What to Do If You're the Victim of a Counterfeit Product Scam
Reviewed by Carina Jenkins, J.D.
You’ve been excited about the latest gadget or accessory for months, and you finally had the opportunity to snag a great deal on one — only to discover that it's a fake when it shows up on your doorstep.
Learn what to do if you become the victim of a counterfeit product scam.
The Department of Homeland Security has identified counterfeit product scams as an emerging public health and safety risk. Consumers are often led to believe they’re purchasing a real product, only to receive knockoff products made from lower-quality materials. In some cases, the results can be even more dire. Customers expect products to work as advertised, but counterfeit products can fail at critical moments and lead to serious injuries.
Fake products can include counterfeit clothing, safety equipment, lithium-ion batteries, household goods, makeup, prescription medications and automotive parts. There’s a clear difference between purchasing a generic version of a product and a counterfeit. Fake product scams present the products as a brand name, and customers genuinely believe they’re buying a legitimate product.
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You may be shocked to discover you’ve been sold a scam product and wonder whether you can do anything about it. Follow these tips if you accidentally purchased a fake product.
It’s important to get the ball rolling as soon as you realize you've received a scam product. Contact the company you ordered the product from, and let them know you didn’t receive what you paid for. Amazon has a process for reporting unscrupulous sellers, for example. Taking action right away can protect others from the same counterfeit product.
Product scams negatively affect brands by harming their reputations. They don’t want consumers buying knockoffs and making judgments about their company based on fake products. It’s a good idea to let the brand know about the counterfeit because they may take actions of their own to protect consumers.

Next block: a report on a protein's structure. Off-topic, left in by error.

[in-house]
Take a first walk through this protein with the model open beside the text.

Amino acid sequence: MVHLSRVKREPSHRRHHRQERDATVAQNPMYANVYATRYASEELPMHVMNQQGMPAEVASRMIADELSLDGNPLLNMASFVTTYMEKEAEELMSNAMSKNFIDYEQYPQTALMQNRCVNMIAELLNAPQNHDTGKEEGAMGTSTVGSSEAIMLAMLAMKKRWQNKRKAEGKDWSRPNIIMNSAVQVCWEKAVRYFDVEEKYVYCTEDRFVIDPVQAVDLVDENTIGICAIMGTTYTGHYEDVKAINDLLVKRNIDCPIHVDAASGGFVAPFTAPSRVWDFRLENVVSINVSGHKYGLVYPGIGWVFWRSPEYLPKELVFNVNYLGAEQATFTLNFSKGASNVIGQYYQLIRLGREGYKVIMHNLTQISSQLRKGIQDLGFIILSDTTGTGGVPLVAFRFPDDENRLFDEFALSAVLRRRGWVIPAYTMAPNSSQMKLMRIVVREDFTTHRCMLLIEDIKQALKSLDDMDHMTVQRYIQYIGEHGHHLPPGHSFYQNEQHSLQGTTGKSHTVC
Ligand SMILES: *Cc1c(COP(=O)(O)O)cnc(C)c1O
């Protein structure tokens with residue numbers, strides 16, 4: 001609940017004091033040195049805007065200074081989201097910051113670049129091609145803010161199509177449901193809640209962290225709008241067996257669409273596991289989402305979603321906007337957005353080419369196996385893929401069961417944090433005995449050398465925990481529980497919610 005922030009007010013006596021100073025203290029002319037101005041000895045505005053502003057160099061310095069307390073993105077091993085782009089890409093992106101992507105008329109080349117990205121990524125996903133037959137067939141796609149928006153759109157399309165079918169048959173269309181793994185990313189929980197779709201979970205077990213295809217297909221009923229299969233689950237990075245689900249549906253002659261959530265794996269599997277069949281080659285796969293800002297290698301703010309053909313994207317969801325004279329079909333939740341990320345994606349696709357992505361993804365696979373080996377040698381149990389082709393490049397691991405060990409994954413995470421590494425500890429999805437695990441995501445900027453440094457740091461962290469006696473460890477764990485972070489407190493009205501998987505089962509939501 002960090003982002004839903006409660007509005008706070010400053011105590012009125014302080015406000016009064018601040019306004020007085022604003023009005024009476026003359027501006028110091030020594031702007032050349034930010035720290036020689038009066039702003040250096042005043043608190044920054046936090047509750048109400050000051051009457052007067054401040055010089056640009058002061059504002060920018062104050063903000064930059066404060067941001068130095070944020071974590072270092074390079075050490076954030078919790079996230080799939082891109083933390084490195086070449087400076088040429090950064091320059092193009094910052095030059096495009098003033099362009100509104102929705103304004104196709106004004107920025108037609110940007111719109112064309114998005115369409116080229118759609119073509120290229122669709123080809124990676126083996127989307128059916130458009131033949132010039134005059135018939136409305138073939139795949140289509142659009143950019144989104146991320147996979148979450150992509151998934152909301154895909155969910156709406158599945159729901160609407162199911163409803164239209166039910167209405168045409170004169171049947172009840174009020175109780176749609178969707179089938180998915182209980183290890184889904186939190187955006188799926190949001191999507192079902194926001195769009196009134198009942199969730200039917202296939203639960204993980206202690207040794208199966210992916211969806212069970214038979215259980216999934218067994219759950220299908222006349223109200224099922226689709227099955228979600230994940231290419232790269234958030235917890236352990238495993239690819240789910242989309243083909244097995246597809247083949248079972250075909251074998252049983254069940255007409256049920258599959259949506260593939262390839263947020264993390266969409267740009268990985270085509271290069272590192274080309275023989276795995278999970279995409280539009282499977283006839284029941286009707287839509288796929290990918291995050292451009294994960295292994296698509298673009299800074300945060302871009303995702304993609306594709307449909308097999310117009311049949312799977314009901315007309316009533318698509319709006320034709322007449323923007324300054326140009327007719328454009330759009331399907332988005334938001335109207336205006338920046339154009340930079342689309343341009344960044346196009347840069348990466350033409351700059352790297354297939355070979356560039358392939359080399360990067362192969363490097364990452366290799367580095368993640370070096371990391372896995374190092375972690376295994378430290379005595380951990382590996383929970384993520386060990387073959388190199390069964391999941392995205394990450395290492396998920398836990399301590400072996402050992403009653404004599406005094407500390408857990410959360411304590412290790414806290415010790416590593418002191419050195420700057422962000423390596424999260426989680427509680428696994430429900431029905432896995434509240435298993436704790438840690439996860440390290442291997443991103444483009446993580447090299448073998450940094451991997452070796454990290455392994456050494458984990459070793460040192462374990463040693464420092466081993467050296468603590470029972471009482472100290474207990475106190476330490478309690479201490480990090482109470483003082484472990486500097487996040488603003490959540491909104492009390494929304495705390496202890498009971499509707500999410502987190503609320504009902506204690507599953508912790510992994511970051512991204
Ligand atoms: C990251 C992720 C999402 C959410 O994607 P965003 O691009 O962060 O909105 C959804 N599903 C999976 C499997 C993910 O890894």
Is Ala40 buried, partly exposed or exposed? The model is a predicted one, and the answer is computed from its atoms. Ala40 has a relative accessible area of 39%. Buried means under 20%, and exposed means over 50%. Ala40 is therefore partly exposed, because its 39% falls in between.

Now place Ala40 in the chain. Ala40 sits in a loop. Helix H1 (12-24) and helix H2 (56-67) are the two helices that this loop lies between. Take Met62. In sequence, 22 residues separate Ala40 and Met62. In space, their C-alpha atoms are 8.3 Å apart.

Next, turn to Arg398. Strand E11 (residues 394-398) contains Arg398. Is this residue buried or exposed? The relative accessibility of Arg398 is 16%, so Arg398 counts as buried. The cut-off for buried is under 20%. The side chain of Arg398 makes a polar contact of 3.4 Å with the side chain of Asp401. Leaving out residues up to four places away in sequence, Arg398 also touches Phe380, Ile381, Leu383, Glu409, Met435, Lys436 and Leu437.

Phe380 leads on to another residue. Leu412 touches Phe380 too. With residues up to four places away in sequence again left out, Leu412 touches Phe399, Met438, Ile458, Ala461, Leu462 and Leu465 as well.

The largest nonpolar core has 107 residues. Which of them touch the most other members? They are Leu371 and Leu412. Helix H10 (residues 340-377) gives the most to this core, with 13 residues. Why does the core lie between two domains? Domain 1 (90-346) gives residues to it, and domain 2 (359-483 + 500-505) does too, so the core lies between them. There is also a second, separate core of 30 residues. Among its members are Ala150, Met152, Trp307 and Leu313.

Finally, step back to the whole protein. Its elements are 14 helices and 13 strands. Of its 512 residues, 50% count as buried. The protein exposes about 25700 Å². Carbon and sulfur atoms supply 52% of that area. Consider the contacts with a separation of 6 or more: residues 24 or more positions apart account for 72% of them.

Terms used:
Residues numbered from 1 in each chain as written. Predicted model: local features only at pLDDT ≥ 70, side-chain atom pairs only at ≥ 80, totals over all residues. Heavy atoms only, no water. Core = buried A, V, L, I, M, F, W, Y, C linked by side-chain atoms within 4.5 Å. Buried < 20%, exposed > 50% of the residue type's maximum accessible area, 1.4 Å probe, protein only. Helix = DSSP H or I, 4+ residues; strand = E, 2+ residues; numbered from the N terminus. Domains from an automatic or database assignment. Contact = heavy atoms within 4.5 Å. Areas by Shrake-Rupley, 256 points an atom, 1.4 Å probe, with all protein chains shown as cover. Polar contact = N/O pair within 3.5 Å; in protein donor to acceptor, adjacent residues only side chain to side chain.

If you used a credit card to purchase the item, you may be able to dispute the charge before you’re even required to pay your bill. Your credit card issuer’s fraud department may conduct an investigation on the grounds that you didn’t receive the product you paid for. However, since you approved the transaction, whether you'll receive a refund depends on the credit card company’s policy.
Banks have very similar online fraud prevention and reporting policies. You can contact your bank and dispute the transaction. However, they may not be able to give you your money back. Check with your bank to see whether their policies include reimbursement for fraudulent products.
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Contacting the retailer may be the most effective solution if you’re looking for a refund. Companies such as Amazon and eBay don’t want to ruin their reputation, so they often issue refunds if someone reports a counterfeit item. You may need to provide proof that the item is fake and return it through the mail to receive your refund.
Both the Federal Trade Commission and Internet Crime Complaint Center work around the clock to track counterfeiters. The Attorney General in your state may also be able to help. Regardless of whether you’re able to get a refund, reporting what happened can help these agencies track down criminals and reduce the number of fake products reaching consumers in the United States.
With so many cybercriminals trying to get your personal information or money, it may seem difficult to stay one step ahead. When you’re researching a product, don’t just check product reviews. See what people have to say about the seller to determine whether it’s a reputable seller or one to be avoided.
You should also check to see if there is a fraud alert posted about the specific product you’re looking for. If you’re looking for a new laptop, for example, check to see if there are any fakes circulating that match the brand you’re interested in. If you do get fooled, remember that there may be options for recovering your money.
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